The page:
Ectopic Pregnancy

Ectopic pregnancy | University of Maryland Medical Center

An ectopic pregnancy is a pregnancy that occurs outside the womb (uterus). It is life-threatening to the mother.Alternative Names


In most pregnancies, the fertilized egg travels through the fallopian tube to the womb (uterus). If the movement of the egg is blocked or slowed through the tubes, it can lead to an ectopic pregnancy. Things that may cause this problem include:Birth defect in the fallopian tubesScarring after a ruptured appendixEndometriosisHaving had an ectopic pregnancy in the pastScarring from past infections or surgery of the female organs


The following also increase risk of an ectopic pregnancy:Age over 35Getting pregnant while having an intrauterine device (IUD)Having your tubes tied. This is more likely 2 or more years after the procedureHaving had surgery to untie tubes to become pregnantHaving had many sexual partnersSome infertility treatments


The most common site for an ectopic pregnancy is within 1 of the 2 fallopian tubes. In rare cases, ectopic pregnancies can occur in the ovary, abdomen, or cervix.


You may have early pregnancy symptoms, such as breast tenderness or nausea. Other symptoms may include:Abnormal vaginal bleedingLow back painMild cramping on one side of the pelvisNo periodsPain in the lower belly or pelvic area


If the area around the abnormal pregnancy ruptures and bleeds, symptoms may get worse. They may include:Fainting or feeling faintIntense pressure in the rectumLow blood pressurePain in the shoulder areaSevere, sharp, and sudden pain in the lower abdomen Exams and Tests


HCG is a hormone normally produced during pregnancy. Checking the blood level of this hormone can diagnose pregnancy. If the blood level of HCG is not rising fast enough, your provider may suspect an ectopic pregnancy.Treatment


Ectopic pregnancy is life threatening. The pregnancy cannot continue to birth (term). The developing cells must be removed to save the mother's life.


If the ectopic pregnancy has not ruptured, treatment may include:SurgeryMedicine that ends the pregnancy, along with close monitoring by your doctor


You will need emergency medical help if the area of the ectopic pregnancy breaks open (ruptures). Rupture can lead to bleeding and shock. Treatment for shock may include:Blood transfusionFluids given through a veinKeeping warmOxygenRaising the legs


If there is a rupture, surgery is done to stop blood loss and remove the pregnancy. In some cases, the doctor may have to remove the fallopian tube.Outlook (Prognosis)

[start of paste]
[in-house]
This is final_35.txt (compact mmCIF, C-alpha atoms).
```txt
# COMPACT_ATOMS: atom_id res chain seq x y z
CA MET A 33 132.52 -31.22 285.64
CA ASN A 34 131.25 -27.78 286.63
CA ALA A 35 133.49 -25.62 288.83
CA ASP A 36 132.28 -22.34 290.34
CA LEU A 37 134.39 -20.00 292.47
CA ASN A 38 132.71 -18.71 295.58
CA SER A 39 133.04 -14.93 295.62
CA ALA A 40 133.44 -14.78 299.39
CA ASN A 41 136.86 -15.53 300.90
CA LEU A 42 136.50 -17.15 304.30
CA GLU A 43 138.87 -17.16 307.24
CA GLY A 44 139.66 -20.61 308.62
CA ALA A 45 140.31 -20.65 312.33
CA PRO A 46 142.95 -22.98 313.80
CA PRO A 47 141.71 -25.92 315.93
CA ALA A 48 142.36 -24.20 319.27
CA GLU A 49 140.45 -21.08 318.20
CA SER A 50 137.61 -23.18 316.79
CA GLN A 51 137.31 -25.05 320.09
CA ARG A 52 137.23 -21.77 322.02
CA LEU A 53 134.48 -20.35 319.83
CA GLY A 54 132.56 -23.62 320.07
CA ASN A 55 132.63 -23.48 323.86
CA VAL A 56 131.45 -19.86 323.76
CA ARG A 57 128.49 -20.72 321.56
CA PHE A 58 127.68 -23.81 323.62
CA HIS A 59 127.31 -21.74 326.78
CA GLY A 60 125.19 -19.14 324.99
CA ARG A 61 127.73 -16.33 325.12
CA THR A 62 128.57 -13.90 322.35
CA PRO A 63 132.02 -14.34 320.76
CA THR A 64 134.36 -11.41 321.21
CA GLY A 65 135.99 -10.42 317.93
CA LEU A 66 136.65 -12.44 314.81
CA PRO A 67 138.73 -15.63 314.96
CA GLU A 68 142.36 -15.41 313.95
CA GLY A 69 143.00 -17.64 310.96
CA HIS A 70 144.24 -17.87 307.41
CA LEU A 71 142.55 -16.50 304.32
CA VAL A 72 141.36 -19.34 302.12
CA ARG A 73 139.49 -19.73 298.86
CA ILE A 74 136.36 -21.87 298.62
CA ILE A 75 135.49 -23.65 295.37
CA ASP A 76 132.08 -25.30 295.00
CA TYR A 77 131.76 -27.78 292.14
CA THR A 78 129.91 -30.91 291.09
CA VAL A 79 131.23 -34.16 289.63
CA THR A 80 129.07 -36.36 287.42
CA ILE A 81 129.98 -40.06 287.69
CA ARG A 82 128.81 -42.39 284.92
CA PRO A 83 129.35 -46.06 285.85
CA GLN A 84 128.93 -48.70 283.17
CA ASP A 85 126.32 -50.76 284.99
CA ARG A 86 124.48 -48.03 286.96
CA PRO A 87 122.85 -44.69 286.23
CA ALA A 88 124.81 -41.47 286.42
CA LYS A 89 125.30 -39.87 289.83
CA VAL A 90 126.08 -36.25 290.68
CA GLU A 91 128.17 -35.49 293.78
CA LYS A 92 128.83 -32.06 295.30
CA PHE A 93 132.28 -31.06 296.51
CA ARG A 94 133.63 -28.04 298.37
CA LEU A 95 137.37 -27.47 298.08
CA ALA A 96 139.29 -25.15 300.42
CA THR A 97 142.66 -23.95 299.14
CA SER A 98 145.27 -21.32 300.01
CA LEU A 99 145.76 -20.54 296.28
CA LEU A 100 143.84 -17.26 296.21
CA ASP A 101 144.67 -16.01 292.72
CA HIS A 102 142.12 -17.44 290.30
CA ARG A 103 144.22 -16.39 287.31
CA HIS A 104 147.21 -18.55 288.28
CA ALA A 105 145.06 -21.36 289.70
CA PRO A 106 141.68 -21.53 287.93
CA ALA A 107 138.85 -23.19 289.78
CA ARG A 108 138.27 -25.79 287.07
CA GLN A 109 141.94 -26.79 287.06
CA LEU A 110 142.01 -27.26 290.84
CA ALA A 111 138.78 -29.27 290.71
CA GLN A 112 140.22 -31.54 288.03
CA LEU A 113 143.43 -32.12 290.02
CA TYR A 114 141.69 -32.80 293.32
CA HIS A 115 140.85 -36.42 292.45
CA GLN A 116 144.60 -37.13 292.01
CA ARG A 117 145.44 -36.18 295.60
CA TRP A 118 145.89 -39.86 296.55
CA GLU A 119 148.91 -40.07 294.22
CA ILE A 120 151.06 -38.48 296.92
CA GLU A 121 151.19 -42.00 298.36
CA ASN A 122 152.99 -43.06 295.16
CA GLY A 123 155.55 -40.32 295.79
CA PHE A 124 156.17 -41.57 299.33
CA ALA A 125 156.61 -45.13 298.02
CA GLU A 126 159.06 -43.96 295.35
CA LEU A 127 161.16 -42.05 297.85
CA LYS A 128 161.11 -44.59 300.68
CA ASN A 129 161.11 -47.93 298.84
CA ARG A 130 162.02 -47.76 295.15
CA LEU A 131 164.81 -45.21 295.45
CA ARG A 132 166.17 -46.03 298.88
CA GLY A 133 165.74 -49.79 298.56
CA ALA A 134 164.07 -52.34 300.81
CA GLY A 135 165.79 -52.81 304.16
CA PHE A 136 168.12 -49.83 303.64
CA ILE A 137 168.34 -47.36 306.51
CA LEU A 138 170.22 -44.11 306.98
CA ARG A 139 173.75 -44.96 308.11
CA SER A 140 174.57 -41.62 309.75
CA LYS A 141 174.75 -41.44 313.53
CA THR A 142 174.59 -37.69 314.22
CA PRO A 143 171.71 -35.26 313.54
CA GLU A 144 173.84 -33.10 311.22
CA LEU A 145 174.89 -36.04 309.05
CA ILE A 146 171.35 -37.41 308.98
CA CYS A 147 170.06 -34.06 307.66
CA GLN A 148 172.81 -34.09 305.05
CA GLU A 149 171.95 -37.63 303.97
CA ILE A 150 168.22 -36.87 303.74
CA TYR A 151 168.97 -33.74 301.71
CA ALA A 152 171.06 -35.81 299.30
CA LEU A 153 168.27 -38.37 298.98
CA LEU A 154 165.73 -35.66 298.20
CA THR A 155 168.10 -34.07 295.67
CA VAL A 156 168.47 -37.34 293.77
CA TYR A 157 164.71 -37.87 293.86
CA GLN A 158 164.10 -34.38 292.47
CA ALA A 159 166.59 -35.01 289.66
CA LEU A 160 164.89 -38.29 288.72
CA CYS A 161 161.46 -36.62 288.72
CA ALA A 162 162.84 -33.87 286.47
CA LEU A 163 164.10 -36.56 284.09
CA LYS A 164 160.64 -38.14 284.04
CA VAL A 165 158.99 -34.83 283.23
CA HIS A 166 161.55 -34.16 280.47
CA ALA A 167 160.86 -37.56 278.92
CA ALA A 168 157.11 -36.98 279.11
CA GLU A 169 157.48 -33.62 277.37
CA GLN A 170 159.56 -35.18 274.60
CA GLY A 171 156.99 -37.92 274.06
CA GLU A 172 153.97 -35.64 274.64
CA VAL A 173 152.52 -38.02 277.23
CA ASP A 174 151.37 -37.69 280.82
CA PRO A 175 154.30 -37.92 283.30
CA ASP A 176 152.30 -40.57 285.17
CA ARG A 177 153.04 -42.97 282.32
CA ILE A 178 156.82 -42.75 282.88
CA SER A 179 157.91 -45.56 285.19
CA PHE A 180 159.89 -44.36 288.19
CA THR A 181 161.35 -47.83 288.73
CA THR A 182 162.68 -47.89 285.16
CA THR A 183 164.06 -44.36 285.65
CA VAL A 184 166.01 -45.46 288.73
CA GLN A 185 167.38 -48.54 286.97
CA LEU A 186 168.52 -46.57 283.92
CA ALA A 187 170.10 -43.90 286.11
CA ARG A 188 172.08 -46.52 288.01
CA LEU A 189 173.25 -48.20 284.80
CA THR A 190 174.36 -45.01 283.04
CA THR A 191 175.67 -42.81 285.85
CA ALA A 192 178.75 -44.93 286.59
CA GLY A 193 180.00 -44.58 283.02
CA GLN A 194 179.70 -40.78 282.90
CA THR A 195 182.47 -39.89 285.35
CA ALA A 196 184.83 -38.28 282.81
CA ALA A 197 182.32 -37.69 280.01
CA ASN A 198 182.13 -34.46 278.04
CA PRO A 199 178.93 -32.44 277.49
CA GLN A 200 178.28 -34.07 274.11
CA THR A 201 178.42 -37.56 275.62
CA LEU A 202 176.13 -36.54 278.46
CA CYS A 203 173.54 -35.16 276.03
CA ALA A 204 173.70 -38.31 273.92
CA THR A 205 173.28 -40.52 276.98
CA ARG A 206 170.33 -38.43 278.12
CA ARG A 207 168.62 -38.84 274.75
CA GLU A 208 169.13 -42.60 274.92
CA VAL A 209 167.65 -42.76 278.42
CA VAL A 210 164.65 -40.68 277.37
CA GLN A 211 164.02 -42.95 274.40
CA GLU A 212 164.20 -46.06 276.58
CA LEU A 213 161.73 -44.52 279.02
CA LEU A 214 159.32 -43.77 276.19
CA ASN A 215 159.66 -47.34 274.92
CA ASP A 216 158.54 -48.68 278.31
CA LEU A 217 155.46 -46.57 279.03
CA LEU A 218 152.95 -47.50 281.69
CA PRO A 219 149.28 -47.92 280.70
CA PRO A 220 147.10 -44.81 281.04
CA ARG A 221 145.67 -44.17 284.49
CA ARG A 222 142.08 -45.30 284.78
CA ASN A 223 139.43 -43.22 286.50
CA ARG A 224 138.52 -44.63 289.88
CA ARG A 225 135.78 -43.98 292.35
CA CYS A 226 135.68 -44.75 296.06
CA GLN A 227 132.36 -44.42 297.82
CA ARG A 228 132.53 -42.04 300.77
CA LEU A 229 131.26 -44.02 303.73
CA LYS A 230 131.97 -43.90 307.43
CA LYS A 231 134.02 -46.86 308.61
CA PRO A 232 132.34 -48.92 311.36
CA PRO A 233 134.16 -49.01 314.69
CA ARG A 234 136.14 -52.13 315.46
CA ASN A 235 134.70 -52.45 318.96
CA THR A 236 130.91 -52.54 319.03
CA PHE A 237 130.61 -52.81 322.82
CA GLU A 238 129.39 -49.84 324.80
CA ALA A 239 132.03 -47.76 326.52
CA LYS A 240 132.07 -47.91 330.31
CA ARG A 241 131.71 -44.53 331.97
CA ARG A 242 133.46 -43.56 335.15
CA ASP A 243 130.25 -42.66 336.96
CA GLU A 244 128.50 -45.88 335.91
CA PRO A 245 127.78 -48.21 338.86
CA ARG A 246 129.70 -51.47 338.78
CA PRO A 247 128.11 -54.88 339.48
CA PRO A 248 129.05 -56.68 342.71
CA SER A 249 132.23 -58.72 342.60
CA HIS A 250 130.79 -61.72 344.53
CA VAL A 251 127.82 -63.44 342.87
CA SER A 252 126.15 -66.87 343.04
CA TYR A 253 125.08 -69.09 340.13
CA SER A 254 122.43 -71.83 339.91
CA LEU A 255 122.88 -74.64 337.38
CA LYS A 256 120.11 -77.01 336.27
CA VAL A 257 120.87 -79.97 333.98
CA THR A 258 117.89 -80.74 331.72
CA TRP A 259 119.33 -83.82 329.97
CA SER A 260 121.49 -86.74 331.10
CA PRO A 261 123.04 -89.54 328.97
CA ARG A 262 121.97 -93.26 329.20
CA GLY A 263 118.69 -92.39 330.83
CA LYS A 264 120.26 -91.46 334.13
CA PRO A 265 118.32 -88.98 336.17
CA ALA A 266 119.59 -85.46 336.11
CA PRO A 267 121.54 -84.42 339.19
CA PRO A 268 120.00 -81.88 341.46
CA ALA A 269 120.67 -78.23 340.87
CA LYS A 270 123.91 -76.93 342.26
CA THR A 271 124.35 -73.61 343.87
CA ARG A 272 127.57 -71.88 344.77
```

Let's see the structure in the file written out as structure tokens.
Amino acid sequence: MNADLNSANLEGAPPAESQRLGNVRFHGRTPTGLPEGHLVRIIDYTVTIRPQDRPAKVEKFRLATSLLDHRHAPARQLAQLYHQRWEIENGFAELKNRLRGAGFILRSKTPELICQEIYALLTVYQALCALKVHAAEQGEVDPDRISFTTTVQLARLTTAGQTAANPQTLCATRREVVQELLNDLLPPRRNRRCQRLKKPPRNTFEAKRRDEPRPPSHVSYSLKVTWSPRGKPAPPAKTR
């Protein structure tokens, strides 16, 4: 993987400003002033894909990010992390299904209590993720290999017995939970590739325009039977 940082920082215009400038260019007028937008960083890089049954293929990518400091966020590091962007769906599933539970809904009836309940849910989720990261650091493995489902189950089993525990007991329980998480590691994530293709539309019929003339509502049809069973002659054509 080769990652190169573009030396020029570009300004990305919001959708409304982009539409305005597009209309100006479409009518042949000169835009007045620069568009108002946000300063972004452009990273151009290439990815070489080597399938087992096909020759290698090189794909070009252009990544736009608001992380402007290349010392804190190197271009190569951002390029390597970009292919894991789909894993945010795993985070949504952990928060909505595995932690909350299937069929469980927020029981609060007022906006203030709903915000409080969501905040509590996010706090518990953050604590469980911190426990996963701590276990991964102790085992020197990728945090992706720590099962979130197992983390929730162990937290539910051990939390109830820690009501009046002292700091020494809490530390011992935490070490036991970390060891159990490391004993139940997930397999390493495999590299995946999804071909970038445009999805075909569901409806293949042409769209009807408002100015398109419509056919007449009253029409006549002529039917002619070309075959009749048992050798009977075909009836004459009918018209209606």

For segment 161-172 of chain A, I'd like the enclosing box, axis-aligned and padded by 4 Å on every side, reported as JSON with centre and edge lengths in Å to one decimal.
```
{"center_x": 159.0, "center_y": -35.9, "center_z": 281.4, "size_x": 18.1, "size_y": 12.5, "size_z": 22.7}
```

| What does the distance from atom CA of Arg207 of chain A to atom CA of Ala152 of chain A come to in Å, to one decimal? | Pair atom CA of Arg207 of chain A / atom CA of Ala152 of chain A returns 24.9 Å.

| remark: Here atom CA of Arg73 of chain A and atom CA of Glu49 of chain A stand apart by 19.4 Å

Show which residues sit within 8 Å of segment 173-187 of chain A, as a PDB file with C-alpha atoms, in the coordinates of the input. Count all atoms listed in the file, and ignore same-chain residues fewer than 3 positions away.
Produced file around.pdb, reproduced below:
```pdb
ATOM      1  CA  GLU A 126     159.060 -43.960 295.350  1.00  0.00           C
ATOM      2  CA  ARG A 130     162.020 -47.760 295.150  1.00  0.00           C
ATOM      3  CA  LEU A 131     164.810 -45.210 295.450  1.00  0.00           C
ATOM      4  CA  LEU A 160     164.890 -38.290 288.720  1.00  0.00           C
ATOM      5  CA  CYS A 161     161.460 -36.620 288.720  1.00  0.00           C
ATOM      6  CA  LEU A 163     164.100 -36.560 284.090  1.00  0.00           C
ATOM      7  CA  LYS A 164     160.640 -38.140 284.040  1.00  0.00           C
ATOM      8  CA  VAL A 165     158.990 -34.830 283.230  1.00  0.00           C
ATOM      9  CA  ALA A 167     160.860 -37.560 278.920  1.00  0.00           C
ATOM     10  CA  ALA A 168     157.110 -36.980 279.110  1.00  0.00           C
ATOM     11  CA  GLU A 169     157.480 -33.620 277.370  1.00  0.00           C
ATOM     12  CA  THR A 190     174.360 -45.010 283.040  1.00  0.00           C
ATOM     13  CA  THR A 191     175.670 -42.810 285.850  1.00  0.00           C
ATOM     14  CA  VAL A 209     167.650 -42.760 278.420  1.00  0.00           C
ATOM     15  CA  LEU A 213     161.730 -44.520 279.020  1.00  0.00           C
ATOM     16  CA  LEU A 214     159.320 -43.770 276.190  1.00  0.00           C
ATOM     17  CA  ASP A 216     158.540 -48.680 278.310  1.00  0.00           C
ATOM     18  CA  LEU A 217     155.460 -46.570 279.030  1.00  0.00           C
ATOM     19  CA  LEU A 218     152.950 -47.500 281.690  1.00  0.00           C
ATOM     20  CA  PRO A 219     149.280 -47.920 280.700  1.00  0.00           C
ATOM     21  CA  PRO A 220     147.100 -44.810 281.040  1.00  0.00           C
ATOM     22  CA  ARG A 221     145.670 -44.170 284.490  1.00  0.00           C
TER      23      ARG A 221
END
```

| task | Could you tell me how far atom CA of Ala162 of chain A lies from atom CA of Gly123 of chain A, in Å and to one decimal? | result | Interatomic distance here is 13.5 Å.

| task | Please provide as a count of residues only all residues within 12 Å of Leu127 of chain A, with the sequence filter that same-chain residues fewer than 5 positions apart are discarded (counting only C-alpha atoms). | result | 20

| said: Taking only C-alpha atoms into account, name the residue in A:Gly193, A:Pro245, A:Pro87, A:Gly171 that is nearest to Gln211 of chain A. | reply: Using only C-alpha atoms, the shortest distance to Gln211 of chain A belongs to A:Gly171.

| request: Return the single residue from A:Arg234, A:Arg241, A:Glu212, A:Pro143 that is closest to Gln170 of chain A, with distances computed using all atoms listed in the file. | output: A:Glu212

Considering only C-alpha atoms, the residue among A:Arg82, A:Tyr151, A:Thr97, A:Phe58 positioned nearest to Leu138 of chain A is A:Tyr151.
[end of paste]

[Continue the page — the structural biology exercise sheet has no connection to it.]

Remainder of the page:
One out of three women who have had 1 ectopic pregnancy are later able to have a baby. Another ectopic pregnancy is more likely to occur. Some women do not become pregnant again.


The likelihood of a successful pregnancy after an ectopic pregnancy depends on:The woman's ageWhether she has already had childrenWhy the first ectopic pregnancy occurred When to Contact a Medical Professional


Most forms of ectopic pregnancy that occur outside the fallopian tubes are probably not preventable. You may be able to reduce your risk by avoiding conditions that may scar the fallopian tubes. These steps include: Practicing safer sex by taking steps before and during sex, which can prevent you from getting an infectionGetting early diagnosis and treatment of all infections caused by sexual relations (STDs)Stopping smoking Pelvic laparoscopyUltrasound in pregnancyFemale reproductive anatomyUterusUltrasound, normal fetus - footEctopic pregnancyReferences


American College of Obstetricians and Gynecologists. ACOG Practice Bulletin No. 94: Medical management of ectopic pregnancy. Obstet Gynecol. 2008;111(6):1479-1485. PMID: 18515537 www.ncbi.nlm.nih.gov/pubmed/18515537.


Houry DE, Salhi BA. Acute complications of pregnancy. In: Marx JA, Hockberger RS, Walls RM, et al, eds. Rosen's Emergency Medicine: Concepts and Clinical Practice. 8th ed. Philadelphia, PA: Elsevier Saunders; 2014:chap 178.


Lobo RA. Ectopic pregnancy: etiology, pathology, diagnosis, management, fertility prognosis. In: Lentz GM, Lobo RA, Gershenson DM, Katz VL, eds. Comprehensive Gynecology. 6th ed. Philadelphia, PA: Elsevier Mosby; 2012:chap 17.


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